In the modern world, the Gregorian calendar is widely used. However, for more than 1 billion Muslims, the Islamic or Hijri calendar holds particular significance as it is intertwined with Islamic history, identity, and spirituality.
Understanding the Hijri calendar
The Hijri calendar has its origins in a significant event in Islamic history – the migration of the Prophet Muhammad from Mecca to Medina, which occurred in 622 AD. Unlike the solar-based calendars, the Hijri calendar follows the lunar cycle, with each month beginning with the sighting of the new crescent moon. Because of this, the length of a migration year is 10 to 12 days shorter than a Gregorian year.
The names and meanings of the Hijri months
The Hijri calendar comprises of 12 months, each of which holds significant religious and cultural importance. The month of Muharram marks the start of the New Year and signifies the continuation of good and peace from the previous year.
Ramadan is the most renowned month in the Hijri calendar as it is a month of fasting, which is one of the five pillars of Islam, and is celebrated by Muslims worldwide every year. The month of Dhul-Hijjah also witnesses another pillar of Islam, the Hajj, which is a mandatory pilgrimage for Muslims to undertake at least once in their lifetime.
Hijri months in order are Muharram, Safar, Rabi’ al-Awwal, Rabi’ al-Thani, Jumada al-Awwal, Jumada al-Thani, Rajab, Sha’ban, Ramadan, Shawwal, Dhu al-Qi’dah, and Dhu al-Hijjah.
Hijri months remain an integral part of Muslim life, as they are closely linked to Islamic rituals and the culture of Islamic nations such as Arabs, Turks, and Indians. The Hijri calendar is still used for official purposes in many Muslim countries. With the advancement of technology, Muslims worldwide can now stay up-to-date with Hijri history and connect with their spiritual and cultural heritage through smartphone apps and calendar software.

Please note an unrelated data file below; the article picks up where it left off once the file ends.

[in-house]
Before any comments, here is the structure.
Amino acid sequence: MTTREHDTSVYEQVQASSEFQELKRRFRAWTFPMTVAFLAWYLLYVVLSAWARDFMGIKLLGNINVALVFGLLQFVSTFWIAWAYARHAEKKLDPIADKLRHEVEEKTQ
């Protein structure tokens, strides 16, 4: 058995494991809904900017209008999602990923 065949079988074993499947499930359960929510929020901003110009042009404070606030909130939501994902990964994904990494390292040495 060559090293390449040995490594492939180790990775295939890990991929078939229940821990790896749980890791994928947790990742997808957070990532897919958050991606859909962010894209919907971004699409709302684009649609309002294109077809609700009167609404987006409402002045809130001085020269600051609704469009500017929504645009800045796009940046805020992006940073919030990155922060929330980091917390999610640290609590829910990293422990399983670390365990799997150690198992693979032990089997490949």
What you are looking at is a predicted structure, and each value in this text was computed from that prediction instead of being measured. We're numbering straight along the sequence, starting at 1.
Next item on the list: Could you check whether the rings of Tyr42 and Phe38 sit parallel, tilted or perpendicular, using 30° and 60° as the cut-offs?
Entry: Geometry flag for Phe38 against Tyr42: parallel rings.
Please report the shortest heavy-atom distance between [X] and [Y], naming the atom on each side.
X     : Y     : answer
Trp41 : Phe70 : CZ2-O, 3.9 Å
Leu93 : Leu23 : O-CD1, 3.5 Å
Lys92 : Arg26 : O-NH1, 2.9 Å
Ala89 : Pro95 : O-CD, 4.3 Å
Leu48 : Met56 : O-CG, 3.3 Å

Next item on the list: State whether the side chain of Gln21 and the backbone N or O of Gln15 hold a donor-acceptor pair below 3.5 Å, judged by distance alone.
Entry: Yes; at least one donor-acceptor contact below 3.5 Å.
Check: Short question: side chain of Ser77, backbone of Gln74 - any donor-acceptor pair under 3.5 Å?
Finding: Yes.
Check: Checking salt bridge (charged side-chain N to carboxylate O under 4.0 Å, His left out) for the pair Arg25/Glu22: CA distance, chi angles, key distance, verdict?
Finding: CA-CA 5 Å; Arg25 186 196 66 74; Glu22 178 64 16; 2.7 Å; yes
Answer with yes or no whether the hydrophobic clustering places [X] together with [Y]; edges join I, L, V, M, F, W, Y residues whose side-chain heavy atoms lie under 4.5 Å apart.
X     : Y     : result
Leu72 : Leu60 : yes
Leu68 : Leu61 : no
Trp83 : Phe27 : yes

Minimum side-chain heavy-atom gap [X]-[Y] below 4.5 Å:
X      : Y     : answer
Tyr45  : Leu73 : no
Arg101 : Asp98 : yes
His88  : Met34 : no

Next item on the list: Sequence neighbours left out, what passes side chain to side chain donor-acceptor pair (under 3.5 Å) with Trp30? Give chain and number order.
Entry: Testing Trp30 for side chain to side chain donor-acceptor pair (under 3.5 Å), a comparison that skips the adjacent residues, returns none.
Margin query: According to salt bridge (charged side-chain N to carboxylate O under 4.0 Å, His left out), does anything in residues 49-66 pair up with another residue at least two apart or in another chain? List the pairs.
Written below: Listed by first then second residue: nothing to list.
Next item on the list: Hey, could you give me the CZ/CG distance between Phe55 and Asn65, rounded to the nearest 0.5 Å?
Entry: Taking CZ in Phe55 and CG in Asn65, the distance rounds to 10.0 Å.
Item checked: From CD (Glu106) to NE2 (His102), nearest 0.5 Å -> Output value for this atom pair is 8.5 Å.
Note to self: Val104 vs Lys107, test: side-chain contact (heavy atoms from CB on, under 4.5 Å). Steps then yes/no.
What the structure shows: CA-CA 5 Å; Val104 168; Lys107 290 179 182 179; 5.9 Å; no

Recently, there have been discussions about the most effective way to synchronize the lunar calendar on a global scale. This is because the time of observing the new crescent varies depending on the geographical location and astronomical calculations. To promote intercultural understanding, educational efforts are underway to educate people about the intricacies of the lunar calendar in different regions of the world.
Its is not just a tool
The calendar serves as more than just a tool for setting time; it’s also a symbol of identity for Muslims. Its long-standing history reminds us of the diverse ways in which people worldwide consider time and the richness of human culture. Whether you’re a Muslim or someone who appreciates cultural exploration, the history of Hijri invites us all to reflect.